Once you put a label on it is always an over simplification.  For example, he loved the Czechs.  He spoke Czech very well.  He was deeply in touch with Czech Literature, which was at the time still looked down upon by the Germans and particularly by the Austrians.  Very few translations of good Czech literature existed.  He loved Rudolf Fuchs who was then a very young poet because of his decency and deep feelings for Czech Literature.  That incidentally he had in common with young Rilke.  Everybody wants Kafka and I think that to annex him for Austria would be just as wrong as if the Czechs wanted to annex him for Czechoslovakia, which unfortunately at the moment they are again far from doing, officially.  I think that he belongs to this strange mixture in a place like the Austria-Hungarian monarchy, which was sometimes called the prison of nations. By contemporary standards in was not a totalitarian prison, but it wasn’t too pleasant either for the non-German speaking nations, but this togetherness even on the basis of partial injustice produced a kind of in ideological cosmopolitanism of which Kafka was a good representative.  I think he doesn’t belong to the Germans, he doesn’t belong to the Austrians, and he doesn’t belong to the Czechs.  Not to the Jews.  Not to the Christians, but something is for all of them.

Speaking about modern Austrian and German Literature to which extent can you say that Kafka’s traditions and shadow is cast onto modern Austrian Literature? 

Very much on the German Literature.  Probably more on the German than on the Austrian if I looked at it on the whole.  There was even an attempt to show his influence to England.  I don’t think the influence goes very deep in England in spite of the decent work that was done in regards to translating, but he is very respected in England very much more than other German writers of our time.  I don’t know how deep his influence was in France.  I suspect that in order to find out his philosophy there was some influence.  I think that in Hungary, Kafka has a considerable influence on some writers because there the depression wasn’t too bad and on the other hand it was part of the Austria-Hungarian Monarchy and his elements are noticeable in Hungarian Culture.

In regards to Austrian and German interpretation of Kafka, it seems to me that in Austria the writers take more subtlety, delicacy, and finesse, of Kafka and the Germans writers take more the style of Kafka’s writing.

I think you are quite right and I think again that both of them tend to select from Kafka what is to their particular taste and particularly they develop sensitivities according to their special needs.  A writer is a very impersonalized scientific too, but a very sensitive organism as far as his own needs are concerned therefore you here writers speaking about literature you won’t get a balanced rule, but instead you will get what they specialize in, which corresponds to what their individual needs are at the moment.  I think that both his subtleties and his thoughts are part of the same process.  He tried to survive under circumstances in a society of which he did not feel he could be a loyal subject, but very much isolated.  He tended to side with the revolutionary movement more than with the establishment, but he saw how the revolutionary movements tend to deteriorate.  I think both his subtlety and his thinking are part of his intent attempt to find a meaning in life.  Something that gives him enough strength to say, “yes” to it all.  He never found that completely except in being very charitable and good to other human beings.  He didn’t believe in any of the great heroes of our time or a believer of any of the established official beliefs.  Consequently, he had to struggle with philosophizes.  He did not try to live for his emotions or his imagination as people think.  He did read contemporary philosophers and political theories.  He was even interested in Lenin and even expressed a hope that Gorki would write about Lenin sometime.  Since he couldn’t believe in something, his subtleties of despair could exist.  If you are desperate, but try not to give into despair, was his basic attitude about life.  Then you develop conscienceless of life.  He didn’t write in order to develop a new art form or to develop a particular style.  He wrote to find the best means of expressing what is really true.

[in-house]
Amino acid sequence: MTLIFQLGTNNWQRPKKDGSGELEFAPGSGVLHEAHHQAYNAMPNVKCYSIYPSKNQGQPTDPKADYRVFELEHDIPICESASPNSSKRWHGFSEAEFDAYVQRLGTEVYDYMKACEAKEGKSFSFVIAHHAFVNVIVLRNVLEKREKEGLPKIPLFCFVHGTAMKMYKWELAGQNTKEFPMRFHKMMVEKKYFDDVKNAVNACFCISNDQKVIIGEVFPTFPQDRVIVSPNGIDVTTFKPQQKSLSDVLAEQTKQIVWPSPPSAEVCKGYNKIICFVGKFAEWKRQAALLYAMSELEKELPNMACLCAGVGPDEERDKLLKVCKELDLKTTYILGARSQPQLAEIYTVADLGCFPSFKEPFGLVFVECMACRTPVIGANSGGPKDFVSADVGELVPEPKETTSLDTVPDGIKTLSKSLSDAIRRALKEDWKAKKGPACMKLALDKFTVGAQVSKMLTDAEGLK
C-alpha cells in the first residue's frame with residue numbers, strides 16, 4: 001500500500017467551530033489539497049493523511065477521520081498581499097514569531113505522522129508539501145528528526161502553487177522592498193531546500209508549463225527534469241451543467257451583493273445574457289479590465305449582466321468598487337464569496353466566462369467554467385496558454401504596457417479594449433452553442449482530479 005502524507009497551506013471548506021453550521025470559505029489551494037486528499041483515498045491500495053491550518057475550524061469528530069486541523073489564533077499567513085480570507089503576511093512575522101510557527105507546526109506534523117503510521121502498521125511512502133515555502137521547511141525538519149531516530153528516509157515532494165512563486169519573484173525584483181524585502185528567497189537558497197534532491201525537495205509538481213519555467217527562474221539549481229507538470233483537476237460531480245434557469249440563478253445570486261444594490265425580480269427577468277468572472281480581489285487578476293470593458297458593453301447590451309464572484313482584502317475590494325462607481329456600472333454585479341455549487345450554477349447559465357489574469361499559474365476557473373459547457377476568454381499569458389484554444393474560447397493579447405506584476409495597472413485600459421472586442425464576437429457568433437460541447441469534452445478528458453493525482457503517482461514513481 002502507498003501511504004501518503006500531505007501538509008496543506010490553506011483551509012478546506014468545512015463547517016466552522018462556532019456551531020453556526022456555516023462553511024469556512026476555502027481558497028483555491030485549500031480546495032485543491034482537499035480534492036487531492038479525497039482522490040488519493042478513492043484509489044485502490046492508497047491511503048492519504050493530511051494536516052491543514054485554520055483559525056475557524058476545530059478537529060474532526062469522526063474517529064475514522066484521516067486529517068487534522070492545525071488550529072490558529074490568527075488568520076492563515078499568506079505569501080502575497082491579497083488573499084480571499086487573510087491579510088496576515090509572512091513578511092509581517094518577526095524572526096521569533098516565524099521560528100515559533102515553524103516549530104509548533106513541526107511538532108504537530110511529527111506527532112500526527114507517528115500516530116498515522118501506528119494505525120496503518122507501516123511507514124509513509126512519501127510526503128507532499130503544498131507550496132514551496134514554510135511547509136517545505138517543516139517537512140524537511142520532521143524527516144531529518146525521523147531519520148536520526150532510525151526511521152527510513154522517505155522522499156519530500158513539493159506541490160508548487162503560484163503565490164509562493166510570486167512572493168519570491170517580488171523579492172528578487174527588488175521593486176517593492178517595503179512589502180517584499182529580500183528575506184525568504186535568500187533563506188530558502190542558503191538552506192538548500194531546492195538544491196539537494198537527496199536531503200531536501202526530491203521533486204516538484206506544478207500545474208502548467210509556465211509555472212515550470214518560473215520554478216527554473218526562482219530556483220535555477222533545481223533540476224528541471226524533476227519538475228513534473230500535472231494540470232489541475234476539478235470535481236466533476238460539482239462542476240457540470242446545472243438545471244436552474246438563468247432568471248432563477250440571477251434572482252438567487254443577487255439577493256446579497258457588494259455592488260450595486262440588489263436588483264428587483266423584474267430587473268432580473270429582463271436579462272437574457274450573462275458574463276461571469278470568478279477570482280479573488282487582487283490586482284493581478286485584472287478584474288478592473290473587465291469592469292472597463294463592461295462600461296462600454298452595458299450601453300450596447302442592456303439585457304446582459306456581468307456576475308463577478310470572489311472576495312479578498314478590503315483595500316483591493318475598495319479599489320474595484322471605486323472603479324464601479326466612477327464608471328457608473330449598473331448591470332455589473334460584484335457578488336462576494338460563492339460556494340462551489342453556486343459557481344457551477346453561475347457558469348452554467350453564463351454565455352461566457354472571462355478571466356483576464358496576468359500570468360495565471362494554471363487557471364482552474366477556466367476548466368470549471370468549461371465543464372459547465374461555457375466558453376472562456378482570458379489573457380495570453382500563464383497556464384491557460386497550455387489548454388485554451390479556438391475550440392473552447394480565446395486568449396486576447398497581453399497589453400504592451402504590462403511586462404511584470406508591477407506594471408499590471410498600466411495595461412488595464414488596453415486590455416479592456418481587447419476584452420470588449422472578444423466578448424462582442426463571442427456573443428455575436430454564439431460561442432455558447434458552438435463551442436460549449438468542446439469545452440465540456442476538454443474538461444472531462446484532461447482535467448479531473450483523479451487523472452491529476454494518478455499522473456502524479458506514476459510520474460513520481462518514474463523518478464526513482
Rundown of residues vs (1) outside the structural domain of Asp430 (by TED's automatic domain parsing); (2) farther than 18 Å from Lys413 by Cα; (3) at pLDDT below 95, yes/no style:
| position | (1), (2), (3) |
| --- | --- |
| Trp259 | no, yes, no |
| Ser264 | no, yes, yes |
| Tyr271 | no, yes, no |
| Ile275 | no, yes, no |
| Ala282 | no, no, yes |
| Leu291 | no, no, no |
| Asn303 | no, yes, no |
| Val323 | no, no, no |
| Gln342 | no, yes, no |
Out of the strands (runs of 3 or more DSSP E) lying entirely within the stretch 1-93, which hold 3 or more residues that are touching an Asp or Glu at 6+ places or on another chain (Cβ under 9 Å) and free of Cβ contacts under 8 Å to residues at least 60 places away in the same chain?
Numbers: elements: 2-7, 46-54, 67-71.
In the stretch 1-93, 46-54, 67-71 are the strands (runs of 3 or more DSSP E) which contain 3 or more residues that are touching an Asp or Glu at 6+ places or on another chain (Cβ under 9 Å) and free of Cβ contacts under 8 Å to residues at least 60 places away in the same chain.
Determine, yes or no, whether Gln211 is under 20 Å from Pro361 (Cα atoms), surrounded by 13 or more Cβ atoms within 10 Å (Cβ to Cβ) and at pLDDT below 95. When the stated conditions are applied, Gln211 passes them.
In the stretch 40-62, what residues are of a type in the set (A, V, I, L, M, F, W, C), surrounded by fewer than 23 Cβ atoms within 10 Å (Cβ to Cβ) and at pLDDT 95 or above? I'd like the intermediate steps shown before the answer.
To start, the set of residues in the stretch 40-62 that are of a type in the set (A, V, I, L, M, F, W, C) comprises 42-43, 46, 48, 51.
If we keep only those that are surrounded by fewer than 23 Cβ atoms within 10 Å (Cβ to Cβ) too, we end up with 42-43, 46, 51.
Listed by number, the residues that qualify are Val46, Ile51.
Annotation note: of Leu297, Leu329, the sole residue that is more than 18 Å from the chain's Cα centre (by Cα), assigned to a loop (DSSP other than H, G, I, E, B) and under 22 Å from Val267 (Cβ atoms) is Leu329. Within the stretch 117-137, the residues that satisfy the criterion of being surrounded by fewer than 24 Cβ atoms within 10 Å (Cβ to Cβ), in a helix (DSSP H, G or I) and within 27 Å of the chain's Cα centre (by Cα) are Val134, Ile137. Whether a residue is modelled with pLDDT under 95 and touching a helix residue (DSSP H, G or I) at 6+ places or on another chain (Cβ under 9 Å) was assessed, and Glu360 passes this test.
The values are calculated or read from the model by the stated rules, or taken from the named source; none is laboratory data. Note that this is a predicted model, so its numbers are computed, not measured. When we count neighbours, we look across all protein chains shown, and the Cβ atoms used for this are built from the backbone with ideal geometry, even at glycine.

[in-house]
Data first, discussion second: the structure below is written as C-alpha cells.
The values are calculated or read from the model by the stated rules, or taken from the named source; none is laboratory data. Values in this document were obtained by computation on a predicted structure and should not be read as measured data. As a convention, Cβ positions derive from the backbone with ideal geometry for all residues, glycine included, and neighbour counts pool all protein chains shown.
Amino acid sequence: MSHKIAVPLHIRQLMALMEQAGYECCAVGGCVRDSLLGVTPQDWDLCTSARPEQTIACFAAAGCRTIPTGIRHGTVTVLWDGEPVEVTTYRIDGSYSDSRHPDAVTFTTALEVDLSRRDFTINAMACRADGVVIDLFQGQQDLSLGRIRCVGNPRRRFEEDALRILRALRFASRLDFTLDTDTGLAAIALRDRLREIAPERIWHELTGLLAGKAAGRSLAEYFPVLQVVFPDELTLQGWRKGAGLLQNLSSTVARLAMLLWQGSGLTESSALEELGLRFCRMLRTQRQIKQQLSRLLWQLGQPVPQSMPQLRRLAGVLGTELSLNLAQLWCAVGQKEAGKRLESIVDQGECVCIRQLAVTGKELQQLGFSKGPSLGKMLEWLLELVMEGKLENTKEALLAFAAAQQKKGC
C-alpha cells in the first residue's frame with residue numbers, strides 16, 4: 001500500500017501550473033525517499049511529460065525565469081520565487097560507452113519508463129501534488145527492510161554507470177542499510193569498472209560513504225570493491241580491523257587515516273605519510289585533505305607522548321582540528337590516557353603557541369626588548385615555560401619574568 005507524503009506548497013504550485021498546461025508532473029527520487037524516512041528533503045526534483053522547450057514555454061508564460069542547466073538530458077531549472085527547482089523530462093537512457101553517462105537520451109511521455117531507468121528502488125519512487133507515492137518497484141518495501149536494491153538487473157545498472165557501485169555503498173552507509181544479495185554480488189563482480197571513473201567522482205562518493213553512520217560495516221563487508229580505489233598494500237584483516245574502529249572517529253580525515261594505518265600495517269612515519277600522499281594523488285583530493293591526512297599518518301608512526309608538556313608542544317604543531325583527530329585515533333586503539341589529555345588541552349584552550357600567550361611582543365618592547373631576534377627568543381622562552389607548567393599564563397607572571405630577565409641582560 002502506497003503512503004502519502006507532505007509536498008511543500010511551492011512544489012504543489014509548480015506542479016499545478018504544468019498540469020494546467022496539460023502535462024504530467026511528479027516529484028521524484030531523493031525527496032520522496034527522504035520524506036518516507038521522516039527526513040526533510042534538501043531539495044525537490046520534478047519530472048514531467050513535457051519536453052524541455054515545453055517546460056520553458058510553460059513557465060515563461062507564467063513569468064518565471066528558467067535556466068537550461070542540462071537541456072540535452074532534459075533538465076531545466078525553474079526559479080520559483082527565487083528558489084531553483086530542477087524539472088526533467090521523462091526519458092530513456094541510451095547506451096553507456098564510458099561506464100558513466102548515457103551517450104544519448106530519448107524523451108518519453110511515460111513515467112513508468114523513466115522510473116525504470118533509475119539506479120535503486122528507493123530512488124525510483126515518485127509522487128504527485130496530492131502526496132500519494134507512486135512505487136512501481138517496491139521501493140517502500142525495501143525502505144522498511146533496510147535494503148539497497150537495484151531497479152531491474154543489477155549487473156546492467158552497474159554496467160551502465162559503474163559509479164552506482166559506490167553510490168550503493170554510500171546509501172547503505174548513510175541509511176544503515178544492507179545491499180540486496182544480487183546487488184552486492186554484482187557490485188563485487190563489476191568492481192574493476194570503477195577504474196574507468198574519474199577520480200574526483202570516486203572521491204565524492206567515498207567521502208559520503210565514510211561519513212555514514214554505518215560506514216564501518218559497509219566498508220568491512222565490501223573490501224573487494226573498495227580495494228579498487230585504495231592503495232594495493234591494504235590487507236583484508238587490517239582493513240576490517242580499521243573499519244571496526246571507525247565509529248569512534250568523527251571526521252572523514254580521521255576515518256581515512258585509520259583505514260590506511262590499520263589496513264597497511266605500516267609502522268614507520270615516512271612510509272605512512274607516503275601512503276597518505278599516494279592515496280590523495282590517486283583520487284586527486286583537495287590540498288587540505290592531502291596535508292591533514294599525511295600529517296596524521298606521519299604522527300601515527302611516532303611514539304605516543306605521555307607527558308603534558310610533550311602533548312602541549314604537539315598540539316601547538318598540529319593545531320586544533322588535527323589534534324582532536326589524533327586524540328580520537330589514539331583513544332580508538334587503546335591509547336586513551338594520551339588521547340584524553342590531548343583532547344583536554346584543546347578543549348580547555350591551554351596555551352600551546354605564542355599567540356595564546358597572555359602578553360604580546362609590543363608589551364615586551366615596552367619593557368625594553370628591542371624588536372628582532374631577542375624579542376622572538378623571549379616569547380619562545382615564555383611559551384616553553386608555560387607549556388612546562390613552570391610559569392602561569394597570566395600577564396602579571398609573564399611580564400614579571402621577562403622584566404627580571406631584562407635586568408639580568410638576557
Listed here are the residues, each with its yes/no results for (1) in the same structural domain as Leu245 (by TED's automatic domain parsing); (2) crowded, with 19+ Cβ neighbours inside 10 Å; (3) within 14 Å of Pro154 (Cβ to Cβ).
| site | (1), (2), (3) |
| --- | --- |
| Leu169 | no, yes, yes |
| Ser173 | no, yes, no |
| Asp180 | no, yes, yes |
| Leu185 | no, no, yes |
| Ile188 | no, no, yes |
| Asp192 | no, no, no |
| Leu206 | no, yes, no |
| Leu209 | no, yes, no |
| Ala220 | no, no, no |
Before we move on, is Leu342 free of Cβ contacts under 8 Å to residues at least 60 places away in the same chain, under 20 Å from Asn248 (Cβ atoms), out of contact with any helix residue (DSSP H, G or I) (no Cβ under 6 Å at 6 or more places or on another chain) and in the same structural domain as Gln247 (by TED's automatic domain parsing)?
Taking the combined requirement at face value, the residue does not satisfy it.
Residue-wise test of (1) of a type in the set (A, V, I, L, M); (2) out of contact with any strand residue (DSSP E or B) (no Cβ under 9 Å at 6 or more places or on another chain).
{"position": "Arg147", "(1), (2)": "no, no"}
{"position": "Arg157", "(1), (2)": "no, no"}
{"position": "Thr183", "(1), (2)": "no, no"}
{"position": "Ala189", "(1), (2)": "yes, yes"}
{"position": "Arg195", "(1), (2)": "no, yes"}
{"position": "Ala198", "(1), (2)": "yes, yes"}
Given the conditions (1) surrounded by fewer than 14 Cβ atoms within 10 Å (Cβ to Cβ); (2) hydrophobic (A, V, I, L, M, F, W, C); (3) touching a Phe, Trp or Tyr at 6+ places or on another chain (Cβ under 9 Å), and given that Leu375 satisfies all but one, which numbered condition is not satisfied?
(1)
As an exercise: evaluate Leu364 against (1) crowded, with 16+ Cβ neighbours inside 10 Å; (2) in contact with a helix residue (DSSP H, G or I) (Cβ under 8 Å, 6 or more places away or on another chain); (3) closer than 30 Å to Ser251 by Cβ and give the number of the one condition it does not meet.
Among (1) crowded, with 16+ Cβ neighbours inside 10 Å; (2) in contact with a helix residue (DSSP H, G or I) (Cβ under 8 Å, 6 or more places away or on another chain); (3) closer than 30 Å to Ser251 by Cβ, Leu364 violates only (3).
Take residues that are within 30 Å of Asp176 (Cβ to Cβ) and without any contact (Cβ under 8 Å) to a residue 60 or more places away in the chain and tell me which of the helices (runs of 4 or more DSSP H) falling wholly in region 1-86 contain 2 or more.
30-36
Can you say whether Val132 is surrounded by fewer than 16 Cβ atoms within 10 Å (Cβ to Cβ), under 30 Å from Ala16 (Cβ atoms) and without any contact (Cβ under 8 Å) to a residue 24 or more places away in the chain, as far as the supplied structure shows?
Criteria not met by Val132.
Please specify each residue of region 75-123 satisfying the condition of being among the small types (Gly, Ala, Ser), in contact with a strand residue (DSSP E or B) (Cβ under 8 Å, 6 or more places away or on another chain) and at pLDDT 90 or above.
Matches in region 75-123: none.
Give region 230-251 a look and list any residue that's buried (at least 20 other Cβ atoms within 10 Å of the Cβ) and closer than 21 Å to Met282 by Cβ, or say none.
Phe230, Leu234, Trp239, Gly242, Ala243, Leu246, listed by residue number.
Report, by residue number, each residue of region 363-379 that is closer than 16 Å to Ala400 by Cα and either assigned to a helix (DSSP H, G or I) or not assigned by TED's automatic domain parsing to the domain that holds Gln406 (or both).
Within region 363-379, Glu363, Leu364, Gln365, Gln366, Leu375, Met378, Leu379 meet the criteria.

What was your first impression the first time you read Kafka?

My first Kafka impression was a horror that filled me with great relief because it was a question of those horrors and nightmares, which one had anyway.  The first books I read were Metamorphosis and the Penal colony.  In the Penal colony Kafka does a wonderful job of foreshadowing of fascist loyalty.  It really shows the tragic quality of emotional patterns in which people get involved by using their human faculty for inhuman relationships with each other.  I think that people say that Kafka is morbid, but I find on the contrary that Kafka has a very wholesome effect on people who are very depressed, neurotic, or in danger or becoming psychotic because they are not left alone with their own nightmares and depression, but instead get some confirmation and are able to speak about it.  I have spoken with several analysts who are sometimes using Kafka’s literature as reading material for their patients to help them and make them more approachable.

Two years ago when Elias Canetti got the Nobel Prize some newspapers and critics felt that in his place the whole generation of Kafka was given the Nobel Prize. To which extent of your simplification and whether it’s right

I do not think that Canetti is a very good man to speak about all of his influences. He has many, but obviously Kafka is one of his main influences. Canetti is not just a pupil of Kafka but that Kafka must have profoundly struck related things in Canetti’s soul. I have no doubt; I have known Canetti for over forty years. He could be a figure invented by Kafka sometimes.

Thank you very much.


©Igor Pomerantsev, London 1983